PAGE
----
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ddk

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I speculate what you're saying is little different than what is intended by folks using the term 'pinpoint imaging'. Here, the word "pinpoint" not meaning small but rather precise, eg. "pinpointing a target" or "pinpoint accuracy".

Does anyone using 'pinpoint imaging' disagree or offer an alternative?

Holt offers this:
Imaging - The accuracy with which a stereo system re-creates the original sizes and locations of the instruments across the soundstage.

I think that definition needs considerable refining. (I have no expectation nor desire of lifesize images, etc. etc.) But taking it as an example, "pinpoint imaging" would suggest very precise on the scale of relative "accuracy with which a stereo systems recreates ... ."

Whether that is equivalent for you, Peter, to a "cutout" image or "outline" image, I don't know. I believe your word choices are clear descriptors.

But afterall, these images are in our heads. Images in our heads caused by sound (aren't we amazing creatures!) and likely dependent on or connected to things previously seen on a screen or in a concert hall. So, to me anyway, its all rather shakey stuff. (To @marty I ask what pinpoint images are had in Box H at Chicago Symphony Hall by a person blind from birth? cf. post #1675)

I do think we should be somewhat lenient in gauging synonymity across people's meanings and it never hurts to ask for clarification. Describing what we hear is hard - our general vocabulary is much more oriented to the visual than the aural. Applying visual notions to sound - sufficient to convey a sense of that to others - is fraught with potential misunderstanding. Thus the need for some back-and-forth dialog.

In the concert hall, when I close my eyes, I do not experience pin-point imaging, or cutout images or precisely outlined images of musicians. If I do experience such in my music room, then I recognize that as discontinuous with my concert hall experience. Whether I dislike it or put on a hat to celebrate it is something else altogether.
Hi Tim,
Vocabulary is often an issue and I see that the term "pinpoint imaging" created some confusion, I certainly didn’t use the term as described by Holt. Pinpoint imaging as I meant it is a combination of very strong coloration, distortion and homogenization.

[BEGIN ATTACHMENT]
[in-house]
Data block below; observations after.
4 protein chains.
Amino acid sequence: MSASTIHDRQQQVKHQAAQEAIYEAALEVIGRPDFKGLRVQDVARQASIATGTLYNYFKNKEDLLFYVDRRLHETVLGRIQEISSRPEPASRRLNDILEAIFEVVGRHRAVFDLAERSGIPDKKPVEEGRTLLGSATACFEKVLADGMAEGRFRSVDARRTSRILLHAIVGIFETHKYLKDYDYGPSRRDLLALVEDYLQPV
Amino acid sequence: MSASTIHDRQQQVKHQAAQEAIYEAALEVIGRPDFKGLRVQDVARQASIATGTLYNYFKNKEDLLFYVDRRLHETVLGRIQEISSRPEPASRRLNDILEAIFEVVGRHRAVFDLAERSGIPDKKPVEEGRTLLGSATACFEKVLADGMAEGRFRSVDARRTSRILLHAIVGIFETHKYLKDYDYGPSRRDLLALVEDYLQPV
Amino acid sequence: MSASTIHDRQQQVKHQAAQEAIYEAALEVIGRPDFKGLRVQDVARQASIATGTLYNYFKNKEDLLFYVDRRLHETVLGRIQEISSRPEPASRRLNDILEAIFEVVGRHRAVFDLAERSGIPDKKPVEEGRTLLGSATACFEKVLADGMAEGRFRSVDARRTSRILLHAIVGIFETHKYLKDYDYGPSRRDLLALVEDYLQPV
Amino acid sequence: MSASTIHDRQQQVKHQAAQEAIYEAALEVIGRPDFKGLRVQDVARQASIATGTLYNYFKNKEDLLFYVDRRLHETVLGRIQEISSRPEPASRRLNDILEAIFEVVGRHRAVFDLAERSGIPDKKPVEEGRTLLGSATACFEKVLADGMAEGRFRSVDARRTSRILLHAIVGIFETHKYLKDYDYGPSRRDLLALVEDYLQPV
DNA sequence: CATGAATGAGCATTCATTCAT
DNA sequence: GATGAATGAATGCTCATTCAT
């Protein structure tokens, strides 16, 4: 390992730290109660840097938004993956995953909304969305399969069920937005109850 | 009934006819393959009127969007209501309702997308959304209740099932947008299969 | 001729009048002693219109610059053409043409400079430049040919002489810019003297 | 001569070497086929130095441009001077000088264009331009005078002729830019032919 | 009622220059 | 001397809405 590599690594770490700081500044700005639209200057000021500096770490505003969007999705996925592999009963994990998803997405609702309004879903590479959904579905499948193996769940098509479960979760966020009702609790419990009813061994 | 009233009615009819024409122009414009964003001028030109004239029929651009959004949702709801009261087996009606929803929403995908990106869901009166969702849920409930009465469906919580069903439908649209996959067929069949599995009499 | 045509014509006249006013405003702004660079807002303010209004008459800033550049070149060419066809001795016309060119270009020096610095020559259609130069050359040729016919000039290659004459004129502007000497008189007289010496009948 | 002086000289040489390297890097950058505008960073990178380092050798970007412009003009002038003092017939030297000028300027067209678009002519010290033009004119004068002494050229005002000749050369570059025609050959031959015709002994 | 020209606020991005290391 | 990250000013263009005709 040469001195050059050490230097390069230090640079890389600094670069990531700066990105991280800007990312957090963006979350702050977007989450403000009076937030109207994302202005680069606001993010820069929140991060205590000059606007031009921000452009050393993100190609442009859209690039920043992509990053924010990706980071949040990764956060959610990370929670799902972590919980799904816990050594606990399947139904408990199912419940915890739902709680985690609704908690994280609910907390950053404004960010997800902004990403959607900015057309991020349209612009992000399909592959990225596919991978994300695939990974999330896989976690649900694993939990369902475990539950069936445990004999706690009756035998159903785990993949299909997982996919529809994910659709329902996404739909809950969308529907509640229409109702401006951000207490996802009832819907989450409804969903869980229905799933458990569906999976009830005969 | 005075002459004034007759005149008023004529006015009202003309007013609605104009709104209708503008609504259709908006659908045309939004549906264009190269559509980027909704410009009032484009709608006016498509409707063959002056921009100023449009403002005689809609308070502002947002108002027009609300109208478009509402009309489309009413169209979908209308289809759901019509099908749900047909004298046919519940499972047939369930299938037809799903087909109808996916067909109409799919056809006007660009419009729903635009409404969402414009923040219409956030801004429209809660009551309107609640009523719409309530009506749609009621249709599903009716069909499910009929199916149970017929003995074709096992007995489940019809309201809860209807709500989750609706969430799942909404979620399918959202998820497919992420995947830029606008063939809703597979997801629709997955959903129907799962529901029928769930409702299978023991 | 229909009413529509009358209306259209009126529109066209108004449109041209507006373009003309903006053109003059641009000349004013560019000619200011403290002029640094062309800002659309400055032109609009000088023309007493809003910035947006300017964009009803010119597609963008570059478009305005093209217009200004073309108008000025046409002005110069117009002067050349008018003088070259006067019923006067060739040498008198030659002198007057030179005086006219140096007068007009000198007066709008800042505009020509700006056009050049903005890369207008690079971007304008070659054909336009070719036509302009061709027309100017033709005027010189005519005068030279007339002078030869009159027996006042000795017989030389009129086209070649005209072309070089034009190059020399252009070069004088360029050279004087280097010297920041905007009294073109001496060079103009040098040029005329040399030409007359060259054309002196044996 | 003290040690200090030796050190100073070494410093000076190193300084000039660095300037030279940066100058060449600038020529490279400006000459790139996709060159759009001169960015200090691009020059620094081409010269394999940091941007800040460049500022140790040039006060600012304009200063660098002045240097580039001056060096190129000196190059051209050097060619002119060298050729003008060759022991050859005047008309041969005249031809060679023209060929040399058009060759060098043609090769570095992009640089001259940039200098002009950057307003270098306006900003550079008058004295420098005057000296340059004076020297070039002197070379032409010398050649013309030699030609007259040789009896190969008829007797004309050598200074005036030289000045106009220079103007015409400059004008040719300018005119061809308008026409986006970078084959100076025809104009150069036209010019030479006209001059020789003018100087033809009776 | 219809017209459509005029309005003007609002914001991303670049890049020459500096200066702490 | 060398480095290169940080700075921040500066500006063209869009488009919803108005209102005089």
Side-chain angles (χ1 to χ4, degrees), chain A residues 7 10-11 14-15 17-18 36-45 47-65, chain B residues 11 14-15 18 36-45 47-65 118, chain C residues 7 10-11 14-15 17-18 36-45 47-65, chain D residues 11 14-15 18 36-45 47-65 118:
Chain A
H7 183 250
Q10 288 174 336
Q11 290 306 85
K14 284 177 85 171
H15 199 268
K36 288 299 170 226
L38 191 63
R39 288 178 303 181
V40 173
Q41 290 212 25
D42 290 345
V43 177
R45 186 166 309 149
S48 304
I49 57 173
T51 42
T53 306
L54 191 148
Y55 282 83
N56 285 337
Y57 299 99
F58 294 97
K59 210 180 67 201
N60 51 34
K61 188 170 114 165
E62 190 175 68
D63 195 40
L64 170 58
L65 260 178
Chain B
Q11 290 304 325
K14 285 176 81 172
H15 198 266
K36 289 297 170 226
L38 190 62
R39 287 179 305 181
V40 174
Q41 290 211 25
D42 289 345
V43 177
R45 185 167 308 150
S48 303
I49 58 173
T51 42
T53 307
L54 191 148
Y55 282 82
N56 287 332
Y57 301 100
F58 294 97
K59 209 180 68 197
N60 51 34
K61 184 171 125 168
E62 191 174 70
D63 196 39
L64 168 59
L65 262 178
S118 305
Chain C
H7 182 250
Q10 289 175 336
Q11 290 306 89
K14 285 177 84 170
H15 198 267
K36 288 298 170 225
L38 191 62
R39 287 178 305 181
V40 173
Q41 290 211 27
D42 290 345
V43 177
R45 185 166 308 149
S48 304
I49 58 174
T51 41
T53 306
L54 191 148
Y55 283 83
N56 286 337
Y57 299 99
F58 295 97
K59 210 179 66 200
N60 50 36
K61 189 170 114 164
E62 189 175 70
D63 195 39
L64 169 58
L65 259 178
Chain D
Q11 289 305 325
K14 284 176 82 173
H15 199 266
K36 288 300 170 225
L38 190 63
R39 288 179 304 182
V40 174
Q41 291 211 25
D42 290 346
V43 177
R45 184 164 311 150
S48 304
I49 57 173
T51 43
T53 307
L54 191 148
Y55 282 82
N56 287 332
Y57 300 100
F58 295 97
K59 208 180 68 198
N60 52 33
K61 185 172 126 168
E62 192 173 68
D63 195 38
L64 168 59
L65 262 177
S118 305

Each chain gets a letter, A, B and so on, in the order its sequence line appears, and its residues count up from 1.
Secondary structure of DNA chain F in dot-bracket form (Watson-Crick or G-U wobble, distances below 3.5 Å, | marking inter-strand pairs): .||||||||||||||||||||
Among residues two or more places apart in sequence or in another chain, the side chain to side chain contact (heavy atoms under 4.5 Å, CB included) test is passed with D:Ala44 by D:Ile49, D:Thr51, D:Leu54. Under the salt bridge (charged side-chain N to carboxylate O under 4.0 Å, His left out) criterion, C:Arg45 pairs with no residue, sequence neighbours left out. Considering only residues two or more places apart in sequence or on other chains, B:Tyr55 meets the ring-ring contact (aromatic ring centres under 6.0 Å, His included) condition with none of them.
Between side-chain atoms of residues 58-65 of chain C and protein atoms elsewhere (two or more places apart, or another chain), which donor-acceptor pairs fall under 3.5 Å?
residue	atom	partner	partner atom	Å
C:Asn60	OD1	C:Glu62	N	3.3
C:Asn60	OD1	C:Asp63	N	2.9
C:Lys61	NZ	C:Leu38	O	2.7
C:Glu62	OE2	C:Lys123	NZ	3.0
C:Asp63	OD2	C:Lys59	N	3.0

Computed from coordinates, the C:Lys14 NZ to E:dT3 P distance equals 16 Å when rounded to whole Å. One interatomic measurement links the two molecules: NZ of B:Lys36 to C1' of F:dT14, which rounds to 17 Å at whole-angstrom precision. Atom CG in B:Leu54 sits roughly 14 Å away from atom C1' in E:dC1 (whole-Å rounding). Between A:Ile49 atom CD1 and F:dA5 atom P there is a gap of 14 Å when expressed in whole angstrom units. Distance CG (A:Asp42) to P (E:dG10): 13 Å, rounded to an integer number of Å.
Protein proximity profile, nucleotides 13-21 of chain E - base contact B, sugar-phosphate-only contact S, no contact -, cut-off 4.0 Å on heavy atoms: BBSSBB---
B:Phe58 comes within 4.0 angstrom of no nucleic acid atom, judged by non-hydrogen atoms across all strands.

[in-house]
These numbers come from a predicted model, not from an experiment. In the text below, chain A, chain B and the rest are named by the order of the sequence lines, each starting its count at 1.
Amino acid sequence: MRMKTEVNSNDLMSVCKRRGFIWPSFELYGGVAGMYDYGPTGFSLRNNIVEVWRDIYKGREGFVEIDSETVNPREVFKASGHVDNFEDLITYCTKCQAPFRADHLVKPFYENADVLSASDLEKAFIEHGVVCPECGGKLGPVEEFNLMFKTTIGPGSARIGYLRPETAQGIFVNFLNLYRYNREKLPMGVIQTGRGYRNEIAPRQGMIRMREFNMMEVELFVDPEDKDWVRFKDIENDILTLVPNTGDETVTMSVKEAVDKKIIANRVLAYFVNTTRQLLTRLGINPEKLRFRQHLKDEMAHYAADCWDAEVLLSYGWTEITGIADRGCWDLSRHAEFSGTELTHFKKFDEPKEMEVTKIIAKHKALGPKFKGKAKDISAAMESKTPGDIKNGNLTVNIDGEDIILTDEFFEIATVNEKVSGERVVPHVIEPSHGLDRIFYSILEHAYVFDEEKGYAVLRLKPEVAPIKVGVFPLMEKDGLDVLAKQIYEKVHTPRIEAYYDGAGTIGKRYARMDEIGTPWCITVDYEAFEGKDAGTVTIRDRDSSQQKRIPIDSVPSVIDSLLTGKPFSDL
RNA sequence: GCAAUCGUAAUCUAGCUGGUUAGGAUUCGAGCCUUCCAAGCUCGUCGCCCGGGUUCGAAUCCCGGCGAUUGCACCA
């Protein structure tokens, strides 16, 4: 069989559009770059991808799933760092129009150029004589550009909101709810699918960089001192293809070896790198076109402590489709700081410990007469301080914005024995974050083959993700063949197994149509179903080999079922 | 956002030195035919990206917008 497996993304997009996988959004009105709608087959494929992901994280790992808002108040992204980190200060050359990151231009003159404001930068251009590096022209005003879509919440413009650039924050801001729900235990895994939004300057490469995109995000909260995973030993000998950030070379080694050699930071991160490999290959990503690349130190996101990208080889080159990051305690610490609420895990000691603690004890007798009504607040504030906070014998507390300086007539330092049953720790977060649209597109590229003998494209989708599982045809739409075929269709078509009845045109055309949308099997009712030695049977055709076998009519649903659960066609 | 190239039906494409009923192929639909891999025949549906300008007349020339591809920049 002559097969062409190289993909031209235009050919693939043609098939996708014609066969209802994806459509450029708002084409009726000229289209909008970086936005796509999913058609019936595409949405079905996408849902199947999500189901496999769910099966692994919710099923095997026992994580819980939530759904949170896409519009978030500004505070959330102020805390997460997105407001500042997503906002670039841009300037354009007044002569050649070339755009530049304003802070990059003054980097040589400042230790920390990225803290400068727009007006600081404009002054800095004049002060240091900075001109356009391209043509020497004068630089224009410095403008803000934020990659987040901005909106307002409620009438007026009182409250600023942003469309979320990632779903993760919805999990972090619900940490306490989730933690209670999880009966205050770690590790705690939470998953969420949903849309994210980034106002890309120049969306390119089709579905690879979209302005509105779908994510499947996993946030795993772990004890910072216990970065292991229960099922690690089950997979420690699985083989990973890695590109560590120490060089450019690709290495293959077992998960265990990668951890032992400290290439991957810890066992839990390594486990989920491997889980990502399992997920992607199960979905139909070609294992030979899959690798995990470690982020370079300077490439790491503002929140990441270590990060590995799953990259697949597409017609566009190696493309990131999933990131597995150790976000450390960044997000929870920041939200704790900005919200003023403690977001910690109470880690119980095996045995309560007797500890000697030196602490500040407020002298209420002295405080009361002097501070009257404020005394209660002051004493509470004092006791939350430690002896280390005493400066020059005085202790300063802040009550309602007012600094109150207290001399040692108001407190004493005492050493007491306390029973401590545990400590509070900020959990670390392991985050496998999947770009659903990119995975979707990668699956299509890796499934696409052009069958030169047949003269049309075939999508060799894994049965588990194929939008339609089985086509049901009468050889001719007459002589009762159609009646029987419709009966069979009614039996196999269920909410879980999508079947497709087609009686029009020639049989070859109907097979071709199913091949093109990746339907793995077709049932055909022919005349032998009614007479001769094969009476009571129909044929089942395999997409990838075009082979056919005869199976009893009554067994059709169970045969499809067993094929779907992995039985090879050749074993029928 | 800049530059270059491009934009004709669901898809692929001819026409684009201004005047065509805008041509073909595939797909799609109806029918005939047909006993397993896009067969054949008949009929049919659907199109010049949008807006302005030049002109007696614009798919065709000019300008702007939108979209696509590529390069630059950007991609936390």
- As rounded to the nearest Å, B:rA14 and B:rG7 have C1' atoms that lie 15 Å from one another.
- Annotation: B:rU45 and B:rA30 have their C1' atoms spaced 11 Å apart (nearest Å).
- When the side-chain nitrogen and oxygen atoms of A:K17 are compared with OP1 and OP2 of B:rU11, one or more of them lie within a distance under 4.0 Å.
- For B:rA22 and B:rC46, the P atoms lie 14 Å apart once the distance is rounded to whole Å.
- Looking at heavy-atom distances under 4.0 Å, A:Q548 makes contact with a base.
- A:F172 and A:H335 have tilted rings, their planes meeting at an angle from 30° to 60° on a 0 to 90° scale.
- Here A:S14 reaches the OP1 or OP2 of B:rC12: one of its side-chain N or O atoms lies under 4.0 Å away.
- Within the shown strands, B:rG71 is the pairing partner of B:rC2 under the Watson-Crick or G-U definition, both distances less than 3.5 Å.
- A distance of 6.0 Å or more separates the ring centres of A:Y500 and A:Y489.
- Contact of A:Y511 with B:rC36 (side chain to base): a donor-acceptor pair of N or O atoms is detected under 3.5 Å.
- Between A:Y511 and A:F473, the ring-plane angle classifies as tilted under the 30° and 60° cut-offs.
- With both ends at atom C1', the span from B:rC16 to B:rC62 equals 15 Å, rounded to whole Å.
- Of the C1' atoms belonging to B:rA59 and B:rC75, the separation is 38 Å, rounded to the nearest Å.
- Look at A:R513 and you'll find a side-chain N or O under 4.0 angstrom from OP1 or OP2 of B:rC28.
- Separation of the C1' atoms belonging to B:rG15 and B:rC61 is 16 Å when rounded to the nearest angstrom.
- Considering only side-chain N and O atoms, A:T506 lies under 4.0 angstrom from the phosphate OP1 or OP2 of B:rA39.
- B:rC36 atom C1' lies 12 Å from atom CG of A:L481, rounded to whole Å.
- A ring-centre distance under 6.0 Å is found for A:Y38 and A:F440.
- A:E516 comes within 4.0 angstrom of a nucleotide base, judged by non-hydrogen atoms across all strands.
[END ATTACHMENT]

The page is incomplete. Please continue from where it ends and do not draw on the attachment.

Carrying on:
david
 
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microstrip

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(...) What I am increasingly less interested in are "cut out" and precise images of the performers in front of me because when I close my eyes in the chamber setting with three instruments, the BSO with one hundred instruments, or a person speaking in front of me, I do not "see" such carefully defined images. (...)

(...) David told me that my local audio friends would not like the changing sound of my system as I methodically removed stuff from my system and experimented with zero toe in. One actually told me that I had lost what he so liked about my system: the pin point imaging and 3D holographic images precisely defined in front of him. (...)

Fransisco, with respect, you continue to misconstrue my comments. In this current discussion about imaging that started more or less a week ago after Al wrote a post describing his impressions of the sound of my system from his last visit, I have not once used the phrase "pinpoint imaging." I have not used the phrase, I have not defined the phrase. Therefore, I have not defined it as a negative associating etched images and sterility to it. I have referred to "outlined" and "precise" images.

Peter,

Perhaps at some point I am fusing your opinions on imaging with those of your mentors, my apologies, but I can't see any substantive difference in them, except your style is kinder and more inquiring. I read more than just your posts in your thread, that has been debating your "new sound" since about a year, not just last week.

As long as you agree to separate the high-end world in "natural" versus "hifi/artificial" it is not just your system that is being discussed on this thread.

If you re-read my post you will understand why I insist that we should define pin-point precisely.
 
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morricab

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Hi Tim,
Vocabulary is often an issue and I that term pinpoint imaging created some confusion, I certainly didn’t use the term as described by Holt. Pinpoint imaging as I meant it is a very strong coloration, distortion and homogenization.

david

That is a very strange definition of pinpoint imaging to assume it means coloration and distortion...I think you would be in a category of one in understanding pinpoint imaging to have all that packed into it as a definition....